Global Robotics Developments Include Big Buses and Tiny Drones

In the News
March 24, 2017

China is working to become the leader in artificial intelligence, while Israel uses military drones, and German companies specialize in industrial robot arms.

There’s so much daily news about global robotics scene that it’s hard to stay on top of it, no matter whether you’re an executive or a policy maker.

Robotics Business Review has partnered with me to bring you a cutting-edge look into the week’s five most important global robotics developments. Let’s dive in!

1. Asia’s new AI player

Artificial intelligence and Asia are synonymous mainly because of the advances taking place Japan, China, and South Korea. Now, a fourth country is entering the race: Singapore.

Japan’s NEC Corp. has partnered with SMRT Corp., a local bus company in Singapore, and completed a trial that tested AI’s ability to predict accidents. Their data scientists looked at performance data, bus driver behavior, and more to make predictions.

A few weeks ago, the government of Singapore unveiled grants of S$45 million ($32.14 million U.S.) to two organizations. One of them, the Defence Science and Technology Agency, will use the money for research and development of military applications using AI and big data.

Last October, Singapore’s Ministry of Defence said it wants “autonomous unmanned systems” to support soldiers on the battlefield.

With Singapore’s new focus on AI, the Asian robotics scene could heat up even further. The island nation might not be able to compete with China and Japan in terms of funding, but it has many other advantages.

It has an English-speaking population and a developed economy interested in growing trade with the West. Singapore is also becoming a startup hub and already has established global robotics companies.

For instance, Singapore-based GreyOrange is a major supplier of automation to India and is looking to expand into warehousing and logistics.

Singapore is also becoming a startup hub and is not just a new AI player in Southeast Asia, but for the world.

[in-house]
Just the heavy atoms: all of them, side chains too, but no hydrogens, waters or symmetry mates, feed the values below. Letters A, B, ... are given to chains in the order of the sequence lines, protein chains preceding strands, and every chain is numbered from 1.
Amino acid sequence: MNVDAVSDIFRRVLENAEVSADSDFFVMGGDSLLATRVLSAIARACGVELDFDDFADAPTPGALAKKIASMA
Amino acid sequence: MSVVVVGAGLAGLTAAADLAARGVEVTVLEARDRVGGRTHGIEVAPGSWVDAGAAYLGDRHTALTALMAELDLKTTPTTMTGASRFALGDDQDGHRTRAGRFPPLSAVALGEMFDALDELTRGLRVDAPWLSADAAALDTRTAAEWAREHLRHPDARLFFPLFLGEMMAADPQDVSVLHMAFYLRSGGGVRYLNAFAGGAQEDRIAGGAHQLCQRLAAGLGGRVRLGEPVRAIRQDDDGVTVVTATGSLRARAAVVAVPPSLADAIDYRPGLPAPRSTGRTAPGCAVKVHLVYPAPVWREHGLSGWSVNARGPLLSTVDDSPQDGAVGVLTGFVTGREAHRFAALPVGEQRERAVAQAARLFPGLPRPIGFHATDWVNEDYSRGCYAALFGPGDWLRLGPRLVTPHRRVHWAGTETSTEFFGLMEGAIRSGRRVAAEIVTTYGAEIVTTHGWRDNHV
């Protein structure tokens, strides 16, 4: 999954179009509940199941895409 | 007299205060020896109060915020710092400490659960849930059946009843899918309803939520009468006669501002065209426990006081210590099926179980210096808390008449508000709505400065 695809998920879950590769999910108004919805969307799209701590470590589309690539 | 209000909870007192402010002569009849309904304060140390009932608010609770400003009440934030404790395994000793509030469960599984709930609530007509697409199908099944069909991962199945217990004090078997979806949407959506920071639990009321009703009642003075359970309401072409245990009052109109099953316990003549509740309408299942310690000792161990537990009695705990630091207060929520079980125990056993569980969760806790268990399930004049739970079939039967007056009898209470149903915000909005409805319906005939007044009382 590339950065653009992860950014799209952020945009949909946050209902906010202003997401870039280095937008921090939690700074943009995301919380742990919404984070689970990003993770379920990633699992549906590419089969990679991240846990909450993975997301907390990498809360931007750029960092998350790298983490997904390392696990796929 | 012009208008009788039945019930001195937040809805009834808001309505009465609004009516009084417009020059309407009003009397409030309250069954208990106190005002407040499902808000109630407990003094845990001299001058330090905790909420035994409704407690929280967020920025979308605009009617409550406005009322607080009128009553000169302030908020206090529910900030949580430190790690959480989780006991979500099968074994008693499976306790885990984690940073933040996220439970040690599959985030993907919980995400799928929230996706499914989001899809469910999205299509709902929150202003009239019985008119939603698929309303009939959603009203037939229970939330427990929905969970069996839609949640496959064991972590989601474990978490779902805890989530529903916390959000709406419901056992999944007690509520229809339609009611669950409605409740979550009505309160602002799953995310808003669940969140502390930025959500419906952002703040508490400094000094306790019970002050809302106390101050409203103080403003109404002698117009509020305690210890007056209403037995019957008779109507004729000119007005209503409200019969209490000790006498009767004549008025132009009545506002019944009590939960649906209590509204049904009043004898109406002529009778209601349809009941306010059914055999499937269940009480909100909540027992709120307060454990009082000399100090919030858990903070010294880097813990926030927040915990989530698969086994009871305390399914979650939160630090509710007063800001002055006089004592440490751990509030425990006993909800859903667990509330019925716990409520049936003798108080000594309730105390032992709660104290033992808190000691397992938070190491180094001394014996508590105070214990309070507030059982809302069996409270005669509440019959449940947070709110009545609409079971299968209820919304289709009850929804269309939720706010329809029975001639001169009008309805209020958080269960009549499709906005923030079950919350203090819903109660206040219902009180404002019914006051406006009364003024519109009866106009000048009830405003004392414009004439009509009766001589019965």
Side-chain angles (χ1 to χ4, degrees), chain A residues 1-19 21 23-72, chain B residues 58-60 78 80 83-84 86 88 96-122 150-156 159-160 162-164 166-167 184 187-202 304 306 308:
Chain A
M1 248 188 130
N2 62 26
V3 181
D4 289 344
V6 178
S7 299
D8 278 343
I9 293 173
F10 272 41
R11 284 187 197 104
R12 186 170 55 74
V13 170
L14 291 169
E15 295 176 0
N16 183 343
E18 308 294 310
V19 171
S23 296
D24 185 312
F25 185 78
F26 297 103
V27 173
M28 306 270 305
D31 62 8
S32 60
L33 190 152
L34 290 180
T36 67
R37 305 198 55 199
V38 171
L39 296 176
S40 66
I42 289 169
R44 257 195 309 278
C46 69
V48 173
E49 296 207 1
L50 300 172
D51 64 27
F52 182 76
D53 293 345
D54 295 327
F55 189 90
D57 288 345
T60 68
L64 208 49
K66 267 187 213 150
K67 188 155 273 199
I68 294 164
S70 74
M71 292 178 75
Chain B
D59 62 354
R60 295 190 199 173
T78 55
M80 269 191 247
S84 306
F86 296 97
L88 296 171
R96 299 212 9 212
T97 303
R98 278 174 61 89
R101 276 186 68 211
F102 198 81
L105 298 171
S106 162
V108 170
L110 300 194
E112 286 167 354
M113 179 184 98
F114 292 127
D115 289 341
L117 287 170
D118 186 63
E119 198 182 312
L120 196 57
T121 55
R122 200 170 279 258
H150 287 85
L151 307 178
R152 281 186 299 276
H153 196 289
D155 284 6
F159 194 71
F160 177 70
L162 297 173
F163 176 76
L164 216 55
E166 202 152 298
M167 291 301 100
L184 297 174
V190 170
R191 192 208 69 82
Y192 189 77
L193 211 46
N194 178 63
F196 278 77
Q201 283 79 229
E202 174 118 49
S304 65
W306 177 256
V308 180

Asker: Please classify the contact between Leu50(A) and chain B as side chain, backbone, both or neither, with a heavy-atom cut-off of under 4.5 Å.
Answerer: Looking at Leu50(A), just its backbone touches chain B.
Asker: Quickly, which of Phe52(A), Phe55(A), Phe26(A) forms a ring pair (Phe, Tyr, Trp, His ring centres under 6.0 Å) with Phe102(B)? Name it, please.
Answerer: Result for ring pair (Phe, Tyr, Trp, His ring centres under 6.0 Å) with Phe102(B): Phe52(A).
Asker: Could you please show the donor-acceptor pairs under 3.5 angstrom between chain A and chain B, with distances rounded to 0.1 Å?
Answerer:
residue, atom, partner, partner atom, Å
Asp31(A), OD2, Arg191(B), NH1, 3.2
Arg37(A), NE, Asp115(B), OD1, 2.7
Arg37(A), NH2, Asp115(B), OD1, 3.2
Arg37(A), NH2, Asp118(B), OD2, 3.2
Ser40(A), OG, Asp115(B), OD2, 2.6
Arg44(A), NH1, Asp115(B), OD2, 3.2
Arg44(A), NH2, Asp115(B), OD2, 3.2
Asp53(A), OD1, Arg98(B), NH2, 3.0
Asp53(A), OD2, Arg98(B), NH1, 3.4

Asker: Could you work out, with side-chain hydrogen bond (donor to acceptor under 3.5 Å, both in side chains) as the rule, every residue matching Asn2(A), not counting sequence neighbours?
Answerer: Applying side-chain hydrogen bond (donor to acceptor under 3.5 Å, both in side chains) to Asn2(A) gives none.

2. Can’t trust self-driving cars

Would you trust a self-driving car to make tough decisions? Apparently, Volvo doesn’t. Hakan Samuelsson, CEO of Volvo Cars, said during the 2017 Geneva Motor Show that the company’s self-driving vehicles, if faced with an “imminent accident,” will not decide between saving the driver or a pedestrian.

This raises the question of what exactly autonomous vehicles would do. Samuelsson also stated Volvo’s stance: “Our self-driving cars will not have ethics built into them to deal with life-and-death situations.”

This could reflect a widening divide within the automotive industry. Will some self-driving cars include ethics in their programming, and will some consumers want vehicles without such programming?

For those vehicles that do include moral decision-making capacity, who will determine those ethical rules?

When then-President Barack Obama spoke with Wired about robotics and AI last year, he raised this very point. He mentioned the kinds of decisions self-driving cars will be forced to make, like avoiding a pedestrian but then hitting a wall, causing the driver to die.

Right now, the major automakers and AI companies have claimed that self-driving cars will be safer, but they haven’t explicitly addressed ethical dilemmas. And that means, for now, we should think twice before trusting self-driving cars to...

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